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COLLECTION COMPLETTE DES QUATUORS DE HAYDN according to the Artaria (Vienna) classification
Recording the complete cycle of Haydn Quartets is an undertaking that requires the complicity of time. In the enormous corpus left by the composer, his evolution and imagination make each quartet a unique work. Consequently, the project was attempted without first being able to determine its duration. It is exactly the kind of enterprise where one knows when it begins but has no idea of when it will be completed.
In old age, Haydn apparently wrote to Artaria that the series of his Quartets began with the six works that are now known as Opus 9. Artaria, the firm with which Haydn had the most dealings and to which he most often entrusted his works, was preparing its Collection Complette des Quatuors, and asked Haydn to oversee the revision. Relations between the composer and publisher “even though they had sometimes been strained, and although Haydn, preoccupied with his schillings, had occasionally been unfaithful“ had lasted since 1780, when Artaria’s princeps edition of the Opus 30 Piano Sonatas was published. From this Opus 30 up to Opus 85, one may restore a continuity “in spite of some repeats“ made up of original editions, reprints and a few rare transcriptions.
The usual classification of the Quartets follows the Pleyel edition. Ignace Pleyel had been Haydn’s student but, in the view of posterity, he appears to have been a savvy businessman, instrument builder, music publisher and composer of a considerable amount of Gebrauchsmusik (that his position as publisher easily enabled him to make profitable). Pleyel had not brought out a princeps editon of Haydn quartets, and his relations with his master were not of a spiritual or affective nature. Pleyel, not in the slightest troubled by the question of authenticity, published apocryphal quartets and based his classification on fanciful, irrational opus numbers. It is regrettable that this edition is generally used rather than Artaria’s, the latter benefiting, for the most part, from Haydn’s guarantee.
Eliminating the quartet version of the Seven Last Words and the youthful Fürnberg, Quartets that do not fall within the standard four-movement form beginning with the Opus 9, Artaria reduced the number of quartets from 83 to 58, all authentic, all accepted by Haydn. Following the encyclopedic spirit of the late 18th century, Artaria brought out the cycle in 14 volumes (Nos. 1 to 14, according to the chronological order of composition), of 3 or 6 quartets each (except for No. 5, which contains only the small isolated Quartet Opus 42).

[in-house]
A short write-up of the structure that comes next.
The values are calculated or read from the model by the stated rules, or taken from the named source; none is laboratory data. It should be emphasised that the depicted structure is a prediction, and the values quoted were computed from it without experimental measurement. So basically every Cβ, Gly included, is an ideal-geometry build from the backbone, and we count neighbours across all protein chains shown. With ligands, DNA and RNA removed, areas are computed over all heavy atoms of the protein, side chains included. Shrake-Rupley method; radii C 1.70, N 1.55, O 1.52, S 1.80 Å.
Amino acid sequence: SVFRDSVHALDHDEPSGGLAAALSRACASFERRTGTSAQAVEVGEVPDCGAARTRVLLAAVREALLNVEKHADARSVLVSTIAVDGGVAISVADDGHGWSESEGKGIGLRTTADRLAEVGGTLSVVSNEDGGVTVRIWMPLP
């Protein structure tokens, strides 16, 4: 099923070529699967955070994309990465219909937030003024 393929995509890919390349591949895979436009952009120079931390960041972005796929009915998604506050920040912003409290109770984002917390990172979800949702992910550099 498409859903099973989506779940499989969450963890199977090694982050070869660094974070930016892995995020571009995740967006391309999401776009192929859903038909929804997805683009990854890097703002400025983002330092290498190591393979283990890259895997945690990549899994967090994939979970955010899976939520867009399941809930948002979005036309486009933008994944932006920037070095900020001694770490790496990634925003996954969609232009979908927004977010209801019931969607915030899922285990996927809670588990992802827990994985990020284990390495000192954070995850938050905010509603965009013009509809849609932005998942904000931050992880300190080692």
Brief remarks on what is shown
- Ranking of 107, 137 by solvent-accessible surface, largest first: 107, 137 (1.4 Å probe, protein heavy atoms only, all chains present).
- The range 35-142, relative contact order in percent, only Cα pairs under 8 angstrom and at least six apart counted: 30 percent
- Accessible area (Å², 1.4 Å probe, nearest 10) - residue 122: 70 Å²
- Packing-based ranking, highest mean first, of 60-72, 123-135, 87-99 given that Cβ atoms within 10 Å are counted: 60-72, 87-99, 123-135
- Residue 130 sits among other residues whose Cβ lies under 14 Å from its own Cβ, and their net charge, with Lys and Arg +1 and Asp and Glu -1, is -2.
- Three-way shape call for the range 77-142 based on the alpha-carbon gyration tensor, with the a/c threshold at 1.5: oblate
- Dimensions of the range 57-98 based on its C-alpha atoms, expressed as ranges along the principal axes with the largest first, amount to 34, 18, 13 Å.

The present recording is meant as a tribute to a firm that published most of Haydn’s and Mozart’s scores during their lifetimes, as well as a number of compositions by Beethoven. Although Artaria still exists, it had to give up all publishing business in 1926 due to its no longer being able to compete with enterprises that had become more powerful. We are therefore pleased to salute here the action of a music publisher that, to our eyes, remains one of the most strategic in history.
The interpretation was entrusted to the FESTETICS QUARTET, a choice resulting from resolutely accepted options in the current state of interpretation.
• There could be no question of proposing romantic interpretations, for Haydn’s music is an intellectual construction, and his mastery of harmony in fact a highly elaborate language that excludes unchecked outpourings. The finesse of the trait, the liveliness of the interventions and the refinement of sonorities require an ensemble that has been nourished on the culture of the Age of Enlightenment. The force of expression comes from the firmness of the discourse, not from a turning in on oneself.
• For this reason, to our mind, an ensemble playing on period instruments seemed indispensable for rendering full justice to scores whose wealth of imagination seems to be the determining element. The use of modern or modernised instruments would exaggerate the line and weigh down the discourse, which would consequently lose its rhetorical quality and power of expression.
• Haydn was born near the Hungarian border, and several decades of his career took place on Hungarian soil. It is thus legitimate that that country consider the composer of The Creation as a native son. In addition, Haydn was quite interested in Slavic and Hungarian folk themes, and it is in that small, multicultural corner of Europe that the correct rhythm of these folk-flavoured movements is perceived most naturally. The Hungarian performers show a greater aptitude for idiomatic expression than those who, even of equal quality, come from other types of culture.
• Trained at the same school and all residing in Budapest, the members of the FESTECTICS QUARTET enjoy possibilities for working together that are unknown to those international groups formed according to the vagaries of encounters, coming together for a few weeks out of the year to honour engagements. Furthermore, the FESTETICS QUARTET profits from the support of Lazlo Somfai, one of the greatest living Haydn specialists.
It thus seems that the FESTETICS QUARTET was predestined to interpret Haydn under idiomatic, historical and expressive conditions. I will add that the musicians’ instrumental qualities are remarkable, that the middle parts are not relegated to the background as is often the case “listen to the viola’s counter melodies“ and that, by placing the second violin to the right, on the same level as the first, the FESTETICS QUARTET restores the original arrangement, accentuates the clarity, restores balance and enlarges the sound space.
MICHEL BERNSTEIN Translated by John Tyler Tuttle